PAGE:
Not every institution will embark on a strategic project like those discussed above, while some, like the example below, will begin several concurrently. The number of large financial institutions beginning strategic IT investments is increasing year after year, and we expect that it will continue to do so at an increasing rate during the next three to five years.

One major U.S. insurance company is currently constructing a health care extranet that will allow customers to perform several functions through a single interface. In the past, performing all of these tasks would have required several phone calls and paper forms to accomplish. This system will enable corporate customers to follow progress on claims, communicate with the provider's offices in all locations, request services, and look up health care providers.

This project is currently in pilot with one corporate employee benefits administration customer and will be rolled out with other customers starting next year. Despite the effort on this Extranet project, this institution is still investing heavily in computer telephony integration and revamping its call centers to create a company standard.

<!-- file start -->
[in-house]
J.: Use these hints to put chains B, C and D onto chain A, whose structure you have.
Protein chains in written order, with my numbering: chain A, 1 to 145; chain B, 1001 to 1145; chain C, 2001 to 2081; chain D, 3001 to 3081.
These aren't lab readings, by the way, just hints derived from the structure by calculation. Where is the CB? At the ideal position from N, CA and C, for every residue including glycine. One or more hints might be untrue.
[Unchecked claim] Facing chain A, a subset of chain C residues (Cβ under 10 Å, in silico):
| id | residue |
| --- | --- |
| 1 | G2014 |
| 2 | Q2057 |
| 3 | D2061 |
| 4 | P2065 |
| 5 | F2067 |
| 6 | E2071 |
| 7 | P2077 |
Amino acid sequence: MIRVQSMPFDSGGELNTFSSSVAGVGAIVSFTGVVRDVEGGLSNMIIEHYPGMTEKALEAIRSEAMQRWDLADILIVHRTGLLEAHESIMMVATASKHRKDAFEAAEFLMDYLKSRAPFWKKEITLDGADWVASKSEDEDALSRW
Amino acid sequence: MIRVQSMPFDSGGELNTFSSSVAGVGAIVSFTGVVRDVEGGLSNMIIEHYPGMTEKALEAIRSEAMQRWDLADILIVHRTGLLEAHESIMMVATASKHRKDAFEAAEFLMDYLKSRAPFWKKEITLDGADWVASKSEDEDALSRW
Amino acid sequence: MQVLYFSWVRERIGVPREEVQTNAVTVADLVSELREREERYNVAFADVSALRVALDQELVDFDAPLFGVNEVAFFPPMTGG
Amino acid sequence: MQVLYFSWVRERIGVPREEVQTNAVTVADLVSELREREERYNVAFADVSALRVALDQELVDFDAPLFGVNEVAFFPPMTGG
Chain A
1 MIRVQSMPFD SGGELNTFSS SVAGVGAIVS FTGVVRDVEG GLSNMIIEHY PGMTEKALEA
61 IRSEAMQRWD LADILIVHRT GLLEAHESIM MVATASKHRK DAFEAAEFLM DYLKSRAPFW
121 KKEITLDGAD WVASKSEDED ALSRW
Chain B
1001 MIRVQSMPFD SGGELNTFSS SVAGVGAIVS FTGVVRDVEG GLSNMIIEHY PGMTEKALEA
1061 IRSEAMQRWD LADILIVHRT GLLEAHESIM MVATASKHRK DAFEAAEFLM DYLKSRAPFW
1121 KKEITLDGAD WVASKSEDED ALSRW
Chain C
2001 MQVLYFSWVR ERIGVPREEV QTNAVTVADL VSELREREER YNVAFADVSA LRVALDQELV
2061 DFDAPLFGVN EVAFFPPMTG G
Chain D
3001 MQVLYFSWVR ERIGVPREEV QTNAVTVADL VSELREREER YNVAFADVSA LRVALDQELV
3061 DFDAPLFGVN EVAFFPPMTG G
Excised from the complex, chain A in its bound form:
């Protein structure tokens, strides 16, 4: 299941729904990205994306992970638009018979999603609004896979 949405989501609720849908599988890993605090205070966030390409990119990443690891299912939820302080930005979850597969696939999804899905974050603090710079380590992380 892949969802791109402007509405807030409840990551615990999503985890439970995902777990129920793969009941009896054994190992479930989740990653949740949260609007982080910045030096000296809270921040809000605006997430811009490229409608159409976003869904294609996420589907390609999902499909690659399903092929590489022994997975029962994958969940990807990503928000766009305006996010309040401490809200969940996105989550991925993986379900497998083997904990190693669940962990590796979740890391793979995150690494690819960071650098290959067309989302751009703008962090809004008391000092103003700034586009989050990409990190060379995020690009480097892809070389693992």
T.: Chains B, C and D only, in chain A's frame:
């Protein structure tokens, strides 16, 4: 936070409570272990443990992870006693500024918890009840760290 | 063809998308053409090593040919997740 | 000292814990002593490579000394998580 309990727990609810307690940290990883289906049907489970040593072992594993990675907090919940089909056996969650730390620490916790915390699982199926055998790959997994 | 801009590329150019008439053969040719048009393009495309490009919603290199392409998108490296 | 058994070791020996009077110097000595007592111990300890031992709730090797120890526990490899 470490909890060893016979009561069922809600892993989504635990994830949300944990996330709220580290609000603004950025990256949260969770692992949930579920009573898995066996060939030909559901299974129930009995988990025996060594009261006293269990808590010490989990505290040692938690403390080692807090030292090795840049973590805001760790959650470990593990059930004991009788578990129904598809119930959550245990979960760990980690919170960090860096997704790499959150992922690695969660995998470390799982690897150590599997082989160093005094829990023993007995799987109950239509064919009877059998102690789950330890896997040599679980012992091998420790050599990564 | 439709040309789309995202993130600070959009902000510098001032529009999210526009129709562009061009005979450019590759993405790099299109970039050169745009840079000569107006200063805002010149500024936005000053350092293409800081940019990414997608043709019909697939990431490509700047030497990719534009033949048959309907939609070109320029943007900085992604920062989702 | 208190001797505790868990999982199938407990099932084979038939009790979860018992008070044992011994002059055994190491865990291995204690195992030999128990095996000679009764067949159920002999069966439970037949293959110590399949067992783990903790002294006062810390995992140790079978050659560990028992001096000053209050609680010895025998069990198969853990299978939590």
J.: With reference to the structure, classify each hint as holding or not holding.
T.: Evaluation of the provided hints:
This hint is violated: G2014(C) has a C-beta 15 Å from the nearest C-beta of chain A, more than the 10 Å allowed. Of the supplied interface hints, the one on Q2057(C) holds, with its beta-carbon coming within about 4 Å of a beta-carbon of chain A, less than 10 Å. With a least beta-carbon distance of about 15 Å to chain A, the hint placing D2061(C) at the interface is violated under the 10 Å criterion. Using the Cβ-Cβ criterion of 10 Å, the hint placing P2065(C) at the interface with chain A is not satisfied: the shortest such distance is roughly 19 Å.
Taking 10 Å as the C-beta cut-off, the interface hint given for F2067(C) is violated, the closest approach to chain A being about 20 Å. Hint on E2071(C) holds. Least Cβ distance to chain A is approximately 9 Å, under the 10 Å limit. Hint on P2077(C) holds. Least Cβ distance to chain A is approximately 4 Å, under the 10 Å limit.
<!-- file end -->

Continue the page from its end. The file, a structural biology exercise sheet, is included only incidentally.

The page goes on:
primary investment drivers

In addition to similarities in the actual projects underway, there are common motivating factors which spur strategic IT investments. Some of these drivers are external to the institutions and affect the entire industry. Some are related to a specific aspect of the industry subsegment. And some are specific to the circumstances within individual institutions. There are three main drivers for strategic IT investments:

n Inadequate infrastructure

n Cost reduction through automation and consolidation

n Faster response to business needs, keeping pace with change.